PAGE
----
SURGICAL CORRECTION IN CASE OFCONGENITAL
ANAMIKA K KELSHILKAR*, JAYESH R NISAR**
*DNB (Oph); **Hon. and Head of Ophthalmology, MGM Hospital, Parel, Mumbai
A case of congenital lid retraction
without any shortage of skin or conjunctiva is reported here. It was surgically
managed by the use of a spacer to achieve cosmetic correction.
Lid retraction is a disorder of eyelid position that can affect the upper lid,
the lower lid, or both. The condition is characterized by the appearance of
a band of white sclera between the limbus and the eyelid margin when the eyes
are in primary position. Surgery is indicated if there is
corneal exposure due to poor lid closure or else if cosmetic asymmetry exists.
A 20-year old college going student presented to us with a history of retraction
of his left upper lid since birth. It was conspicuous and bothering him cosmetically.
There was no significant family history, no associated systemic illness, and
no history of trauma (Fig. 1).
On examination, the left eye vision was 6/6 on Snellens chart. He had upper
lid retraction of his left eye with approximately 3 mm scleral show at the superior
limbus, with good levator action, normal extraocular movements, and no Marcus
- Gunn phenomenon. The anterior and posterior segments were normal. Examinations
of other cranial nerves were found to be normal. The right eye was within normal
|Fig.1 Pre-operative : Left eye showing
retraction with 2 mm scleral show above superior limbus.
Since our patient was adult and co-operative, we planned to do the surgery under
The patient had a lid retraction of about 5 mm. There was no shortage of either
skin or conjunctiva. So, it was decided to perform upper lid retractor recession
with a spacer through the anterior approach.[2,3] The use of
a spacer would give predictable results. The dimensions of the spacer selected
were as follows: horizontal 15 mm and vertical 7 mm (degree of retraction to
be corrected + 2 mm). The material selected was donor sclera.
The lid crease was marked with methylene blue and then infiltrated with lignocaine
(2%) with adrenaline. After cleaning and draping an incision was taken at the
lid crease. The pretarsal orbicularis was exposed. After dissecting the orbicularis,
the levator insertion on the tarsus was exposed. The levator muscle was dissected
upwards till the orbital septum. The upper lid retractor complex was cut from
the tarsus and separated from the conjunctiva. Next, the spacer was cut to the
desired dimensions and was placed between the upper border of the tarsus and
the lower border of upper lid retractors, where it was secured with 6-0 vicryl
suture  (Fig. 2). The orbicularis and the skin were closed
in layers. The skin bites included the spacer so as to form the lid crease.
: Donor sclera used as a spacer
material which is placed between upper border of
tarsus and lower border of upper lid retractors.
The present case demonstrates a cosmetically acceptable correction of retraction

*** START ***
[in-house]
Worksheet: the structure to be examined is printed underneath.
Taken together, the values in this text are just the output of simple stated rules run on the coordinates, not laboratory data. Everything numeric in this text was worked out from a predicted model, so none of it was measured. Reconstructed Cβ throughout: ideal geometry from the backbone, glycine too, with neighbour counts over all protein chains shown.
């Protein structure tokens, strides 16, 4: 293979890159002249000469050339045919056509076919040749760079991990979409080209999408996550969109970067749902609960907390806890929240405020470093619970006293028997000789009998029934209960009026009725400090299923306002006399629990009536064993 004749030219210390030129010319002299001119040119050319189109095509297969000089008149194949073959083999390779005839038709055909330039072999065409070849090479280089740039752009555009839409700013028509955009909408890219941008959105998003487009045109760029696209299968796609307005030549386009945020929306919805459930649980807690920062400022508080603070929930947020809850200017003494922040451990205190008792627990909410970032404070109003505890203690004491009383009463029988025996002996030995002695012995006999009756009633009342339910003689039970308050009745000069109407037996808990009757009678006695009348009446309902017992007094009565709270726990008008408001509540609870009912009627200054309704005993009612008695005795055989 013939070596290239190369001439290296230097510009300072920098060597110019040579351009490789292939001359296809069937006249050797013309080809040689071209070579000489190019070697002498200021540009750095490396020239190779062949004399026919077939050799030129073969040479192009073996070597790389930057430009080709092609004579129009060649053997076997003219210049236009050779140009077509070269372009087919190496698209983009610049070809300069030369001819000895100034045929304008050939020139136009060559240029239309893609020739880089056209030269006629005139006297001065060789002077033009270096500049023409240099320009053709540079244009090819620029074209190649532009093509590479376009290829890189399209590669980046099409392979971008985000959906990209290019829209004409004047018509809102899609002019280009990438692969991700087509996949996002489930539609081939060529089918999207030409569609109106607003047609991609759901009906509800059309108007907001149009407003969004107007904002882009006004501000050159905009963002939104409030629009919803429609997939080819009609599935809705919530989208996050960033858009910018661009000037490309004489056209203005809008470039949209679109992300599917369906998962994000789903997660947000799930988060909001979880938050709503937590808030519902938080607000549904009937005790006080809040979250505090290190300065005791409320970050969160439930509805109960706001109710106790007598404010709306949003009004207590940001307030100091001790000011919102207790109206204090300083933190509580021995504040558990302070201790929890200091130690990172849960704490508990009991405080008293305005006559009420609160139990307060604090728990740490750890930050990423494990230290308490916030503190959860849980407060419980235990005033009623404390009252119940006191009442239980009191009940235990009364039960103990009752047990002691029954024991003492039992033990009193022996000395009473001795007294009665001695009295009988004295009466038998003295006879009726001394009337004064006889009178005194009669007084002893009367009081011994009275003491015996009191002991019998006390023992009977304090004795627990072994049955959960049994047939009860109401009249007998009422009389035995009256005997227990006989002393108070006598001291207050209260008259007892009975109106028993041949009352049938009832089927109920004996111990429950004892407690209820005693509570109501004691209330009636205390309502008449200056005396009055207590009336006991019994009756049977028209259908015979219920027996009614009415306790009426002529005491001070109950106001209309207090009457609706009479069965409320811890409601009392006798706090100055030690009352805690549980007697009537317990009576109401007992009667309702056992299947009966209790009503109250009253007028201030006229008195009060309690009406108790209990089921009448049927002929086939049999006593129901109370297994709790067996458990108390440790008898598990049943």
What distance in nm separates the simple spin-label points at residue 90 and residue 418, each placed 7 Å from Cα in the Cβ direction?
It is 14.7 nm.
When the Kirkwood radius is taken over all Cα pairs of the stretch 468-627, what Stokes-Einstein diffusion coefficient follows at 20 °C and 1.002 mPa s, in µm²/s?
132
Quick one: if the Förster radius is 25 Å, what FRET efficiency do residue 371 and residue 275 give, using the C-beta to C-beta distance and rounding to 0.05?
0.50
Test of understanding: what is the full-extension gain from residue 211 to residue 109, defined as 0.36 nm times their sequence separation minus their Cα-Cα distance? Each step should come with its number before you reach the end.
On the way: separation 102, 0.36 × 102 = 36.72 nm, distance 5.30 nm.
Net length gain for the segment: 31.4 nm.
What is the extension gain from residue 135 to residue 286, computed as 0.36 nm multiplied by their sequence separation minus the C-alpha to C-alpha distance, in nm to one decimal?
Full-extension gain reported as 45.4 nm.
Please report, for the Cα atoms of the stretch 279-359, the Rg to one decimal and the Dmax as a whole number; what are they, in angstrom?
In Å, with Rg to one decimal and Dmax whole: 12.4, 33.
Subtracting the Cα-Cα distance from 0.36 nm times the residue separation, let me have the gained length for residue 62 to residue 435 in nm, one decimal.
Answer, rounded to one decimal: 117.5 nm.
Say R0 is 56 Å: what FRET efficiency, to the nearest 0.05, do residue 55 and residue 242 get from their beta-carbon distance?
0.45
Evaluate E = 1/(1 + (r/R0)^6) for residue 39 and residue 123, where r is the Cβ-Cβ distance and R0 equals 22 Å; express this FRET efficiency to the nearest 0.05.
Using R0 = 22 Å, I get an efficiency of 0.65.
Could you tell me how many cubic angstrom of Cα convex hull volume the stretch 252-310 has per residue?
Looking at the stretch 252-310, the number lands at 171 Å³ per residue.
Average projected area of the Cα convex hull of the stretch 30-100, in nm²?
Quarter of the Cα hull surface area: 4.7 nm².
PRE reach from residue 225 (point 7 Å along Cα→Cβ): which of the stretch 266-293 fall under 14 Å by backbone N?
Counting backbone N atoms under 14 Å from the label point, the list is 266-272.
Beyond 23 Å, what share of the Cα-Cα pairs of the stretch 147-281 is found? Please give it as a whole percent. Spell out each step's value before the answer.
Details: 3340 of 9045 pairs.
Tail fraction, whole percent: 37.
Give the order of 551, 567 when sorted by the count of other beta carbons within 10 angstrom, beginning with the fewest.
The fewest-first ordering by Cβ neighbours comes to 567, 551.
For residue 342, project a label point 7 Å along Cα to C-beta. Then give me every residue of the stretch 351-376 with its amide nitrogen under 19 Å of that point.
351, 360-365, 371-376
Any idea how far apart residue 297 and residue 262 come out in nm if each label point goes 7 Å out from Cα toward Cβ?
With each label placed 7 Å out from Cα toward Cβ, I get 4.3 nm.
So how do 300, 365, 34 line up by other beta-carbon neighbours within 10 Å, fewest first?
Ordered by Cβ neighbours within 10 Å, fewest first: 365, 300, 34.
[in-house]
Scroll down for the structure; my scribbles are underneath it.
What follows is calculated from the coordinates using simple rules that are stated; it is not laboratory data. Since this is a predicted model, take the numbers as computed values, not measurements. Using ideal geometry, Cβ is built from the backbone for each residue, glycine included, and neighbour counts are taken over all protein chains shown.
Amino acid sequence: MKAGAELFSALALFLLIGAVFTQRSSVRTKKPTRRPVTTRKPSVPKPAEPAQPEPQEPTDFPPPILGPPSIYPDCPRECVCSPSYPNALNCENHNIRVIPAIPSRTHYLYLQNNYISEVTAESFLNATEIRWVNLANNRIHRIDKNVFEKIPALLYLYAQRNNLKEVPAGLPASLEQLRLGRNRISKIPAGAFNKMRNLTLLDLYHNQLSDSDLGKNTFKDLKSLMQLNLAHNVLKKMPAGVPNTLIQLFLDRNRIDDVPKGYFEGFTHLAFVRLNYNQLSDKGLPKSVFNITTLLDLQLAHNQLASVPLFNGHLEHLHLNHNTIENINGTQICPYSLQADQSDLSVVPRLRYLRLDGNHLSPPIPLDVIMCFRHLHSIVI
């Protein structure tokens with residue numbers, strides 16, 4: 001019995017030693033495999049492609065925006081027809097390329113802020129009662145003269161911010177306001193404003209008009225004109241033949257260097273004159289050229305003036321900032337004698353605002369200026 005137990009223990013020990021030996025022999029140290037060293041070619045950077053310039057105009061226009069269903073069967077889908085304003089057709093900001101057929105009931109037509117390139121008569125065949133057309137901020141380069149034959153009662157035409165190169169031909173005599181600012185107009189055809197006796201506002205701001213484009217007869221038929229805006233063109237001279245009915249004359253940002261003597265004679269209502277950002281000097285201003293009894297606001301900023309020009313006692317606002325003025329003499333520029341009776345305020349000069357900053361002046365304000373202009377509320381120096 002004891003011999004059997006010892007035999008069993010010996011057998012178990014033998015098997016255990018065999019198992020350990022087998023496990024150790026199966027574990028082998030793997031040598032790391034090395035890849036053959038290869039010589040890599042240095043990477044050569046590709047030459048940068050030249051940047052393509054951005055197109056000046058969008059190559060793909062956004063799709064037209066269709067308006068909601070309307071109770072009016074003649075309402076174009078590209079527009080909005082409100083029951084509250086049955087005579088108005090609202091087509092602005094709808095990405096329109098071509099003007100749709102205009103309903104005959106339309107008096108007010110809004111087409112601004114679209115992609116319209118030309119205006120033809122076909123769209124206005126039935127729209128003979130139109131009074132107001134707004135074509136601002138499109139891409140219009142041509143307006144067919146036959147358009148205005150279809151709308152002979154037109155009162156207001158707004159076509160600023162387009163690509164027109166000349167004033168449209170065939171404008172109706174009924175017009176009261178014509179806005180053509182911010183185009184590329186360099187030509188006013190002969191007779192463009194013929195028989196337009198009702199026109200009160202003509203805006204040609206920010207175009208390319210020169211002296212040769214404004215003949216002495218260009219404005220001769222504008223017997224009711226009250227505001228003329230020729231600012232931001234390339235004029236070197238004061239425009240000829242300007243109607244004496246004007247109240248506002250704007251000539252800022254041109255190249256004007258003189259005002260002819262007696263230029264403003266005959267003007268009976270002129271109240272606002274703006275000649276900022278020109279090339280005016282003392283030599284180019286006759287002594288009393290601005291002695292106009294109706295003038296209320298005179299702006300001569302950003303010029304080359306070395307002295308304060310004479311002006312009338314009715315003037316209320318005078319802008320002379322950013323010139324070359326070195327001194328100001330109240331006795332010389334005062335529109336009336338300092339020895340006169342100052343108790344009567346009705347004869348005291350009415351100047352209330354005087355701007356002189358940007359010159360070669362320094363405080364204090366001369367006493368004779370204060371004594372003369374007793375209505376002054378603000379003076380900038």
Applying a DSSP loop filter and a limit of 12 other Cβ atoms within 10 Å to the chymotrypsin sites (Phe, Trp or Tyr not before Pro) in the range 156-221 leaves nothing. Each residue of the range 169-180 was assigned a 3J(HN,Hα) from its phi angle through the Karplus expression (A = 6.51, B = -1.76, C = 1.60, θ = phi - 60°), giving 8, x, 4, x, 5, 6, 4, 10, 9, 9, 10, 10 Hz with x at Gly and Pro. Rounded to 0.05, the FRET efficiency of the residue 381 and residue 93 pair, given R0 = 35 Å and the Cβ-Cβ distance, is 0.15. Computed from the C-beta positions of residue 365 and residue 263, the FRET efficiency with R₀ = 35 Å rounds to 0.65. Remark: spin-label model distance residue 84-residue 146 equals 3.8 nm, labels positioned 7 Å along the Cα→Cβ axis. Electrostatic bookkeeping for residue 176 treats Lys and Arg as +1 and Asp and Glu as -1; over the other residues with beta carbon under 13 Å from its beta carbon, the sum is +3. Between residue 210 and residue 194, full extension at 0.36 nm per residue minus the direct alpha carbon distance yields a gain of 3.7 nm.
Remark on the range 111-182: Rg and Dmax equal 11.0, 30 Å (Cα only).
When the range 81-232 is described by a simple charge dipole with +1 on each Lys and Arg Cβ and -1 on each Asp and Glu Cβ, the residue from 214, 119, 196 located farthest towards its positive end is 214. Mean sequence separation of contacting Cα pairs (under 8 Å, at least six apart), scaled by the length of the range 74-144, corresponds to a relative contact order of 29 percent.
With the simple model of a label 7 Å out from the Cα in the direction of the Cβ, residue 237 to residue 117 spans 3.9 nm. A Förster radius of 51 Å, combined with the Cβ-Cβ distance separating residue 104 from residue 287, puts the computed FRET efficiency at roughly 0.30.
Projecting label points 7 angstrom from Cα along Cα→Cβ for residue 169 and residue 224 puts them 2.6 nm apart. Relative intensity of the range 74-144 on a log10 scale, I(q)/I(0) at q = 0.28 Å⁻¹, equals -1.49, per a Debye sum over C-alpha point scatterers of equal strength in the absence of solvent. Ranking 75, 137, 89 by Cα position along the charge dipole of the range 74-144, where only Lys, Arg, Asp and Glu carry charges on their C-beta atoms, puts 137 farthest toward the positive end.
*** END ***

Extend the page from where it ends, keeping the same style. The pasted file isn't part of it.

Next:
of upper lid with spacer. This patient did not have any associated shortage
of skin or conjunctiva. The upper lid retractor recession along with the use
of spacer achieves correction of more than 4 mm. In our case, donor sclera was
used as a spacer. Other materials that may be used include : nasal cartilage,
hard palate mucous membrane. The advantage of using donor sclera are : the ease
of availability from an eye bank and good rigid tissue characteristics mimicking
tarsal plate consistency. During surgery, care should be taken while dissecting
laterally to avoid damage to the lacrimal gland, and also while separating upper
lid retractors from conjunctiva to avoid button holing of the conjunctiva. Intra-operative
over-correction is desired. Post-operatively within a few days as the lid oedema
resolves the desired lid level is achieved (Fig. 3).
: Over correction is desirable.
As the lid oedema resolves, cosmetically
acceptable correction is achieved in few days.
I take great pleasure in presenting
this case managed by our team at MGM Hospital under the guidance of our ever-enthusiastic
and most encouraging Honorary - Dr. Jayesh Nisar.
I am most grateful to my dearest teacher Dr. Anjali D Nicholson - a great ophthalmologist,
who has helped me in each and every step of preparation of this case report.
The virtue of this kind was not possible for me without her generous support
I am thankful to Dr. Faisal Khan, Dr. Ruvit Nikam, Dr. Renu for their help.
My special thanks to Mr. Vaidya (Photography Department - MGM Hospital). Above
all, I dedicate this to my dear parents and lovely sisters - Santoshi and Rupali
who encouraged me a lot.
1.Frederick T, Fraunfelder F, Hampton Roy, et al. Current Ocular
Therapy, 4th edition, WB Saunders Company. 1995; 583-84.
2.Dryden RM, Soll DB. The use of scleral transplantation in
cicatricial entropion and eyelid retraction. Trans Am : Acad Ophthalmol Otolaryngol
1971; 86 : 669.
3.Tyers AG, Collin JRO. Colour Atlas of Ophthalmic Plastic Surgery.
1st edition, Churchill Livingstone and Longman Group Limited. 1995; 183.
4.Tyers AG, Collin JRO. Colour Atlas of Ophthalmic Plastic surgery.
1st edition, Churchill Livingstone and Longman Group Limited. 1995; 194.
5.Tyers AG, Collin JRO. Colour Atlas of Ophthalmic Plastic
surgery. 1st edition, Churchill Livingstone and Longman Group Limited. 1995;
6.Yoshida K, Suzuki J, Suzuki S, Kume K, Suzuki H, Hujiki T.
A case of IgA nephropathy in three sisters with thin basement membrane disease.
Am J Nephrol 1998; 18 : 422-24.